Inter-Research > MEPS > v199 > p293-311  
Marine Ecology Progress Series

via Mailchimp

MEPS 199:293-311 (2000)  -  doi:10.3354/meps199293

Impact of ultraviolet radiation on marine crustacean zooplankton and ichthyoplankton: a synthesis of results from the estuary and Gulf of St. Lawrence, Canada

Howard I. Browman1,*, Carolina Alonso Rodriguez1, France Béland1, John J. Cullen3, Richard F. Davis3, Juliana H. M. Kouwenberg1,**, Penelope S. Kuhn1,***, Bruce McArthur4, Jeffrey A. Runge1, Jean-François St-Pierre1, Russell D. Vetter5

1Department of Fisheries and Oceans Canada, Maurice-Lamontagne Institute, Science Branch, Division of Ocean Sciences, Secondary Production and Recruitment Processes Section, 850 Route de la Mer, Mont-Joli, Québec G5H 3Z4, Canada
2Département d¹Océanographie, Université du Québec à Rimouski, 300, allée des Ursulines, C.P. 3300, Rimouski, Québec G5L 3A1, Canada
3Center for Environmental Observation Technology and Research, Department of Oceanography, Dalhousie University, Halifax, Nova Scotia B3H 3J1, Canada
4Environment Canada, Atmosphere Environment Service, Experimental Studies Division, 4905 Dufferin Street, Downsview, Ontario, M3H 5T4, Canada
5NOAA, Southwest Fishe Science Center, 8604 La Jolla Shores Drive, La Jolla, California, USA 92038-92037
Present addresses: *Institute of Marine Research, Aquaculture Centre, Austevoll Aquaculture Research Station, 5392 Storebø, Norway. E-mail: **Columbia University, Biosphere 2 Center, 32540 South Bio-sphere Road, PO Box 689, Oracle, Arizona, 85623, USA ***Department of Oceanography, Dalhousie University, Halifax, Nova Scotia B3H 3J1, Canada

ABSTRACT: The objectives of the research program reported upon here were (1) to measure ambient levels of UV radiation and determine which variables most strongly affected its attenuation in the waters of the estuary and Gulf of St. Lawrence, Canada; and (2) to investigate the potential direct impacts of UV radiation on species of crustacean zooplankton and fish whose early life stages are planktonic. In this geographic region, productivity determining biophysical interactions occur in the upper 0 to 30 m of the water column. Measurements of the diffuse attenuation coefficients for ultraviolet-B radiation (UV-B, 280 to 320 nm) at various locations in this region indicated maximum 10% depths (the depth to which 10% of the surface energy penetrates at a given wavelength) of 3 to 4 m at a wavelength of 310 nm. Organisms residing in this layer‹including the eggs and larvae of Calanus finmarchicus and Atlantic cod Gadus morhua‹are exposed to biologically damaging levels of UV radiation. As a result of these physical and biological characteristics, this system offered a relevant opportunity to assess the impacts of UV on subarctic marine ecosystems. Eggs of C. finmarchicus were incubated under the sun, with and without the UV-B and/or UV-A (320 to 400 nm) wavebands. UV-exposed eggs exhibited low percent hatching compared to those protected from UV: UV radiation had a strong negative impact on C. finmarchicus eggs. Further, percent hatching in UV-B-exposed eggs was not significantly lower than that in eggs exposed to UV-A only: under natural sunlight, UV-A radiation appeared to be more detrimental to C. finmarchicus embryos than was UV-B. In analogous experiments with Atlantic cod eggs, exposure to UV-B produced a significant negative effect. However, UV-A had no negative effect on cod eggs. Additional experiments using a solar simulator (SS) revealed high wavelength-dependent mortality in both C. finmarchicus and cod embryos exposed to UV. The strongest effects occurred under exposures to wavelengths below 312 nm. At the shorter wavelengths (<305 nm) UV-B-induced mortality was strongly dose-dependent, but (for both C. finmarchicus and cod) not significantly influenced by dose-rate. Thus, at least within the limits of the exposures under which the biological weighting functions (BWFs) were generated, reciprocity held. The BWFs derived for UV-B-induced mortality in C. finmarchicus and cod eggs were similar in shape to the action spectrum for UV-B effects on naked DNA. Further, the wavelength-dependence of DNA damage was similar to that for the mortality effect. These observations suggest that UV-induced mortality in C. finmarchicus and cod eggs is a direct result of DNA damage. There was no evidence of a detrimental effect of UV-A radiation in these SS-derived results. A mathematical model that includes the BWFs, vertical mixing of eggs, meteorological and hydrographic conditions, and ozone depletion, indicates that UV-induced mortality in the C. finmarchicus egg population could be as high as 32.5%, while the impact on the cod egg population was no more than 1.2%. Variability in cloud cover, water transparency (and the variables that affect it), and vertical distribution and displacement of planktonic organisms within the mixed layer can all have a greater effect on the flux of UV-B radiation to which they are exposed than will ozone layer depletion at these latitudes. Our observations indicate that C. finmarchicus and cod eggs present in the first meter of the water column (likely only a small percentage of the total egg populations) are susceptible to UV radiation. However, although exposure to UV can negatively impact crustacean zooplankton and ichthyoplankton populations, these direct effects are likely minimal within the context of all the other environmental factors that produce the very high levels of mortality typically observed in their planktonic early life stages. The impact of indirect effects‹which may well be of much greater import‹has yet to be evaluated.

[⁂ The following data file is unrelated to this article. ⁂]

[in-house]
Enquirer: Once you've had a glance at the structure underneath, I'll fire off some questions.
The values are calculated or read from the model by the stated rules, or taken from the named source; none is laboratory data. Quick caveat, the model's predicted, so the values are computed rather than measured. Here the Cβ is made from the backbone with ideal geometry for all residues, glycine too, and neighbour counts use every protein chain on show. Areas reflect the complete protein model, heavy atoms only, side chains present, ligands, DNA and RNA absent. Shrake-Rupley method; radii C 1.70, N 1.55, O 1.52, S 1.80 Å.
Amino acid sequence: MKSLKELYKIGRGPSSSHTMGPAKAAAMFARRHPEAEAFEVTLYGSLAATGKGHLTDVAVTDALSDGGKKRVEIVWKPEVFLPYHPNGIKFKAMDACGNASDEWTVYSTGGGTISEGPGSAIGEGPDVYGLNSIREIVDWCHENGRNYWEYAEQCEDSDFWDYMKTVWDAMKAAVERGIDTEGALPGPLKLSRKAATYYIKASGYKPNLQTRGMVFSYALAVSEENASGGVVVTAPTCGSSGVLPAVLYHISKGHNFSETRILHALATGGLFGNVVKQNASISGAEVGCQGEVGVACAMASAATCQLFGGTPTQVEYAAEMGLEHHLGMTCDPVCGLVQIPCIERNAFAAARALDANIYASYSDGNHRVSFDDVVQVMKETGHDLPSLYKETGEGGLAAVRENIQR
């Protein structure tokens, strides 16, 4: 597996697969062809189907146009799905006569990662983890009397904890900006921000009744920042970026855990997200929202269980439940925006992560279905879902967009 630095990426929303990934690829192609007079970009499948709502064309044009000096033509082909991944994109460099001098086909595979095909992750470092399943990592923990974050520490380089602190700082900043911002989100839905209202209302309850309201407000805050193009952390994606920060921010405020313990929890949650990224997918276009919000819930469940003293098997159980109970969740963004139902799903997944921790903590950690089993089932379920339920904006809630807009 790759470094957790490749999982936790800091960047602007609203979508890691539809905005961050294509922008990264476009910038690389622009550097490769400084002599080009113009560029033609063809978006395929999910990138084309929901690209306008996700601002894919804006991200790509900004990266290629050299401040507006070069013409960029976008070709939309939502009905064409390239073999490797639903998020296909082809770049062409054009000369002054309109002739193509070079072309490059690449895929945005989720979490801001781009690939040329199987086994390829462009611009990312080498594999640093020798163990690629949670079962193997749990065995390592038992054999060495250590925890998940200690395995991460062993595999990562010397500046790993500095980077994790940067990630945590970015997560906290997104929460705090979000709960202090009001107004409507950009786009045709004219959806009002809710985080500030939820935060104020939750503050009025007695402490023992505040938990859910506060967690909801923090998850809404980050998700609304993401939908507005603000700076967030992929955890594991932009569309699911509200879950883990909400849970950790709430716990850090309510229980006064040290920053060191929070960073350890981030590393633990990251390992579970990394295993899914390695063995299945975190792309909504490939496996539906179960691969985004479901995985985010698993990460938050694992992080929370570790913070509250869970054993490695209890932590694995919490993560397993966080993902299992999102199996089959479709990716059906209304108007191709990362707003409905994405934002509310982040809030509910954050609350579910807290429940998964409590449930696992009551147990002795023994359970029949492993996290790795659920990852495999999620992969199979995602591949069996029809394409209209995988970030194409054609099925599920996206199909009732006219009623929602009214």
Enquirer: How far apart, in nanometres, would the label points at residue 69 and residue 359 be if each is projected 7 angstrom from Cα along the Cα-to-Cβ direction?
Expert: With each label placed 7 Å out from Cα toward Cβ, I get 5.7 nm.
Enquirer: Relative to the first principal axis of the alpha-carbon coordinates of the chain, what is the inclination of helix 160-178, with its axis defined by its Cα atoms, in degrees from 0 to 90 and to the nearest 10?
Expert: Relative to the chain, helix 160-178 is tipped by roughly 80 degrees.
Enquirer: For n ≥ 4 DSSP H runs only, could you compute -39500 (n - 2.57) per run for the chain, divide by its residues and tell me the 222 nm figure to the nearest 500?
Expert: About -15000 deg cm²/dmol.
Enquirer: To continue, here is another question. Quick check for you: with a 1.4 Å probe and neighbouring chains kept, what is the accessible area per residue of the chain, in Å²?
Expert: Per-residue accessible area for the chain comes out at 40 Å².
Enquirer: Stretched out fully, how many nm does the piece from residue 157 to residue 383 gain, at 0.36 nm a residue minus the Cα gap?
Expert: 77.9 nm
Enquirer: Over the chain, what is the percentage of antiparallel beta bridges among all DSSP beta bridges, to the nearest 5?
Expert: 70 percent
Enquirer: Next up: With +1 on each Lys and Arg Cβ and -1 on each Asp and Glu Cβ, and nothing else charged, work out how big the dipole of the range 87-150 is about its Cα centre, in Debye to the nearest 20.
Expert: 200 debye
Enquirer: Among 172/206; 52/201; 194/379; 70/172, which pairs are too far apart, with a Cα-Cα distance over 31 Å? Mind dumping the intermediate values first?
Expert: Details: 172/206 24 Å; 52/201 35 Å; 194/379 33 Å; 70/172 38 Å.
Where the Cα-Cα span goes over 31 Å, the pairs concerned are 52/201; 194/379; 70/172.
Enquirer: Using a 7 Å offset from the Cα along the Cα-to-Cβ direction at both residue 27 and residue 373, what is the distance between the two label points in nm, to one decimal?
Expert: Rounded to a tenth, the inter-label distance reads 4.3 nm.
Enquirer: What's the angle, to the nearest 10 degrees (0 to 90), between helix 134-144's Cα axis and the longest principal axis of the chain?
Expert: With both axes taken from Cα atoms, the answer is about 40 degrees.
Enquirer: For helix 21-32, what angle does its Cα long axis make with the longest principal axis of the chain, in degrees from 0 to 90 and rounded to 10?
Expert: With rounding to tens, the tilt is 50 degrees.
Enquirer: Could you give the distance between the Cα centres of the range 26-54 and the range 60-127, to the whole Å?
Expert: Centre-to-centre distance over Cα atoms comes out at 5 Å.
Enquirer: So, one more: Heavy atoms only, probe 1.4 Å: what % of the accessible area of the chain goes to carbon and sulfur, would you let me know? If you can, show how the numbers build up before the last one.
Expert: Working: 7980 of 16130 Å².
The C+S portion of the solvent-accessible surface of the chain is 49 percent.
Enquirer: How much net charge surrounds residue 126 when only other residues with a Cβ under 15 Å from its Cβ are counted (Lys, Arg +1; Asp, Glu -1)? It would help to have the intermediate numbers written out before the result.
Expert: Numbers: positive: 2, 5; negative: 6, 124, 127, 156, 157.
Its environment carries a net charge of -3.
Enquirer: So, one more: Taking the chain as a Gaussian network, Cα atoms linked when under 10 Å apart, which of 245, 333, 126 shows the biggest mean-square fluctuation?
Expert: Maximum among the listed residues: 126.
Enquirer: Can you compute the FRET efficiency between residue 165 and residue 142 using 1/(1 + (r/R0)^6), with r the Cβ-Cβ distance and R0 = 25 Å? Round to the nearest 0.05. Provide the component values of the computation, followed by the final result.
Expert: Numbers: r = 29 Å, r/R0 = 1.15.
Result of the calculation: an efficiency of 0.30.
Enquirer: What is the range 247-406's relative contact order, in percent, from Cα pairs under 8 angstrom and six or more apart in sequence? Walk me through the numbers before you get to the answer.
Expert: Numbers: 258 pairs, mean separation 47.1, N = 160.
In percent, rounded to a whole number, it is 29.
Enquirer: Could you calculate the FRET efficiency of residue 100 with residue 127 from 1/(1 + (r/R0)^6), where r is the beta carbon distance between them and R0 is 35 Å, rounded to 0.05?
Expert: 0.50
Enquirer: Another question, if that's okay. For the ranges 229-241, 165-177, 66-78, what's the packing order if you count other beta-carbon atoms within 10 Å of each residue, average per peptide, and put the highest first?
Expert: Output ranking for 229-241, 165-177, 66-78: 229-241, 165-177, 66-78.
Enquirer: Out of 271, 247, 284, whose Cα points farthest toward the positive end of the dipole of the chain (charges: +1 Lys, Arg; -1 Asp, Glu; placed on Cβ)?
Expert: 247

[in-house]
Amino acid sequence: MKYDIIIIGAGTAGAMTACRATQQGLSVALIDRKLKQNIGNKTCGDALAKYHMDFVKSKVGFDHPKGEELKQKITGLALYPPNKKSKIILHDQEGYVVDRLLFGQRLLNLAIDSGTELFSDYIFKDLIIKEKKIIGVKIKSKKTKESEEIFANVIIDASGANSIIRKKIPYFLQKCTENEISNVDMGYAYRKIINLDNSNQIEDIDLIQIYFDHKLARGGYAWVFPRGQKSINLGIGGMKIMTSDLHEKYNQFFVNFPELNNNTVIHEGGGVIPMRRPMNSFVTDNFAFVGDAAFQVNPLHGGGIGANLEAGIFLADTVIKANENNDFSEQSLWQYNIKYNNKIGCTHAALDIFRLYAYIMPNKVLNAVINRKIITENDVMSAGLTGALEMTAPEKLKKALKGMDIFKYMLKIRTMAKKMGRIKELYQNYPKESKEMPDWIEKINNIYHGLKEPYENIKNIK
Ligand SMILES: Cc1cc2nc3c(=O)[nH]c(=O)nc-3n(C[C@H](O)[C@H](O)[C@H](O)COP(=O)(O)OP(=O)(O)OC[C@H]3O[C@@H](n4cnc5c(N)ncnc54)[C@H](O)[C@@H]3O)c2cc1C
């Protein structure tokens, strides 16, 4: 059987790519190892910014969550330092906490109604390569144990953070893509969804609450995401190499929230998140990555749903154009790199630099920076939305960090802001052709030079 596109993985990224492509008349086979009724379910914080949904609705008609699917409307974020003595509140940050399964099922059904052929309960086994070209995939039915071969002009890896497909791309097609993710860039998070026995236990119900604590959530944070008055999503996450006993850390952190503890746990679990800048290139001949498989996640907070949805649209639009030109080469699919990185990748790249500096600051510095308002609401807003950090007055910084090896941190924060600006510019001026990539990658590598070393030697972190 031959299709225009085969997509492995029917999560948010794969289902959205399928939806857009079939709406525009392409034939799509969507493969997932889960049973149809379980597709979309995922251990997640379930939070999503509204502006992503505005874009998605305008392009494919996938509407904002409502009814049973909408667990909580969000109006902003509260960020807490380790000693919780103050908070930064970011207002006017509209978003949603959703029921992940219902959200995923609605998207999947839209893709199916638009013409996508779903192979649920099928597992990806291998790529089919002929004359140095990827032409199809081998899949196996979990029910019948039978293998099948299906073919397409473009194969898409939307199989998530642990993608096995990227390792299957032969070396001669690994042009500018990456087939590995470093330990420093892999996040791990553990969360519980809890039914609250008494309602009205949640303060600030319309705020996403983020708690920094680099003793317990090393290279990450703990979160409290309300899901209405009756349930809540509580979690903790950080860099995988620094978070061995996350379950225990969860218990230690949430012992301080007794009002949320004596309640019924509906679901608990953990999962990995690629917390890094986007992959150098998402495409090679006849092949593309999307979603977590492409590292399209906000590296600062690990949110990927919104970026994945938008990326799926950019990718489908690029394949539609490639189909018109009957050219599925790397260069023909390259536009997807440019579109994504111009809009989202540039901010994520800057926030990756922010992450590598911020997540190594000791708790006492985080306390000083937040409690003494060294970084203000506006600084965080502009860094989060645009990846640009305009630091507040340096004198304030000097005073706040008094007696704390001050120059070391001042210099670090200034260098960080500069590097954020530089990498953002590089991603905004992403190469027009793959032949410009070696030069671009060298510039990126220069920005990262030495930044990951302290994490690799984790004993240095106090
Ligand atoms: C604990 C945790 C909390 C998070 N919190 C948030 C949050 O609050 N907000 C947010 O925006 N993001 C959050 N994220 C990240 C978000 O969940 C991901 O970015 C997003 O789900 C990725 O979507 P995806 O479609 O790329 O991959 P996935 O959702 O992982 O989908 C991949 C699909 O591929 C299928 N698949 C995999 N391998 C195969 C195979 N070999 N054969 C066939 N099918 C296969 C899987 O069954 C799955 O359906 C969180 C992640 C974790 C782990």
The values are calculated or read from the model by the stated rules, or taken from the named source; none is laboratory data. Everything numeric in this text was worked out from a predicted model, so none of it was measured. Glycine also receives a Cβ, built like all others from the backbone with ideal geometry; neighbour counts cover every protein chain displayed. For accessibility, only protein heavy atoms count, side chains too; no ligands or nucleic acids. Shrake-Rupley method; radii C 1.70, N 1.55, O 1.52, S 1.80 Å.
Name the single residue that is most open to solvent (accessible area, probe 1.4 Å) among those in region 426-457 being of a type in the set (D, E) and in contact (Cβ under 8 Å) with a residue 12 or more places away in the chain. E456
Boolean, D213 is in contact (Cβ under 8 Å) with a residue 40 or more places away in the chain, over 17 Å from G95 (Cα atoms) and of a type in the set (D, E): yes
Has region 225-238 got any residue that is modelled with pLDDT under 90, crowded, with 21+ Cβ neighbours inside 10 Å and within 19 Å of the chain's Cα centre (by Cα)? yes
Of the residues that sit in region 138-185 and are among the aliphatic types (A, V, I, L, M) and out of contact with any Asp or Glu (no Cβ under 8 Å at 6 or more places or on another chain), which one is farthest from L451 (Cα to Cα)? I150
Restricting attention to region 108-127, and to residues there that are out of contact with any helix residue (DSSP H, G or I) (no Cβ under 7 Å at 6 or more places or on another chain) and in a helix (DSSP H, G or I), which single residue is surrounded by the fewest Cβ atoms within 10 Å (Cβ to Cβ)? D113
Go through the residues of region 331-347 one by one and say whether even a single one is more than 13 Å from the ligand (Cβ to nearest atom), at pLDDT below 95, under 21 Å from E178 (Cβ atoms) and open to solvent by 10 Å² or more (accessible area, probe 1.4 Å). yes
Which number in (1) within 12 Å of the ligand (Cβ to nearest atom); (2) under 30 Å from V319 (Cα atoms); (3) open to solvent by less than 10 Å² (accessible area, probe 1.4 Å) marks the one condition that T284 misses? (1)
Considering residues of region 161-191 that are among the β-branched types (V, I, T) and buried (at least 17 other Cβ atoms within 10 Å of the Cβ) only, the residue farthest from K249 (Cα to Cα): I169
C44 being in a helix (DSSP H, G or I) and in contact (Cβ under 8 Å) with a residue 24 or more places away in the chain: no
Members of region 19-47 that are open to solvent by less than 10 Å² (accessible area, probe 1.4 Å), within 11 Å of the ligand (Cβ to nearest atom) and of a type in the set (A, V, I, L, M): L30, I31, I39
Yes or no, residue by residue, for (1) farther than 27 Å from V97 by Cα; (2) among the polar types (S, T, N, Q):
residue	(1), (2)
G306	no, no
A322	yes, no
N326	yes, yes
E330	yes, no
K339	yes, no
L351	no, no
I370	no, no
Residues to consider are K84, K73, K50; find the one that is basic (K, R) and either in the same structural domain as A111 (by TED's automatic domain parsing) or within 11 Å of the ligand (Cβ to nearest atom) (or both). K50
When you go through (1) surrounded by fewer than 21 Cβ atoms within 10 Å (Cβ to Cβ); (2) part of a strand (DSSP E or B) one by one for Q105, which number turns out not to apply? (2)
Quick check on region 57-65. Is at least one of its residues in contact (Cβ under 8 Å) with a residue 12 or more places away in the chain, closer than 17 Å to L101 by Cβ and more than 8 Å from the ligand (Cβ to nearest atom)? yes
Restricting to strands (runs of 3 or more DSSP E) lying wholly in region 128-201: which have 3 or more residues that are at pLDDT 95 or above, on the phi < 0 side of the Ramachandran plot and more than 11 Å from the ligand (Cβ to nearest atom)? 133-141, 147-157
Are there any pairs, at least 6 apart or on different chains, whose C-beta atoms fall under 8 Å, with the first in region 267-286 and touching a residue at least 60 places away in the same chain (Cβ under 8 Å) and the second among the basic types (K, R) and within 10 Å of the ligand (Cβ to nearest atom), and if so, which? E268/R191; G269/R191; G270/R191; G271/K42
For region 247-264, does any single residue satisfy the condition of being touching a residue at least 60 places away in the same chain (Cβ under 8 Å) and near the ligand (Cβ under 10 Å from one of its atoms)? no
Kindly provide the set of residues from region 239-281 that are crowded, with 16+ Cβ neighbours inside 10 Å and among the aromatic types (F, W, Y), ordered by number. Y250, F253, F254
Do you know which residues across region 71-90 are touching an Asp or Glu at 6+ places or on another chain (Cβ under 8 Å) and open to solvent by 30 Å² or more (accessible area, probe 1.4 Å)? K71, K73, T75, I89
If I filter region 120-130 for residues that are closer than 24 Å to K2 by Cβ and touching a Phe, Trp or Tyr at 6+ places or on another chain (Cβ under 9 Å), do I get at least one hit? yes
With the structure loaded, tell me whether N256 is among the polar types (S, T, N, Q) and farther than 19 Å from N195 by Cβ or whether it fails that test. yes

KEY WORDS: Atlantic cod · Gadus morhua · Calanus finmarchicus · UV-B · UV-A · Dissolved organic carbon · Underwater optics · Radiometry · Attenuation coefficients · Ozone depletion · Biological weighting functions · DNA damage · Cyclobutane pyrimidine dimers

Full text in pdf format
 Previous article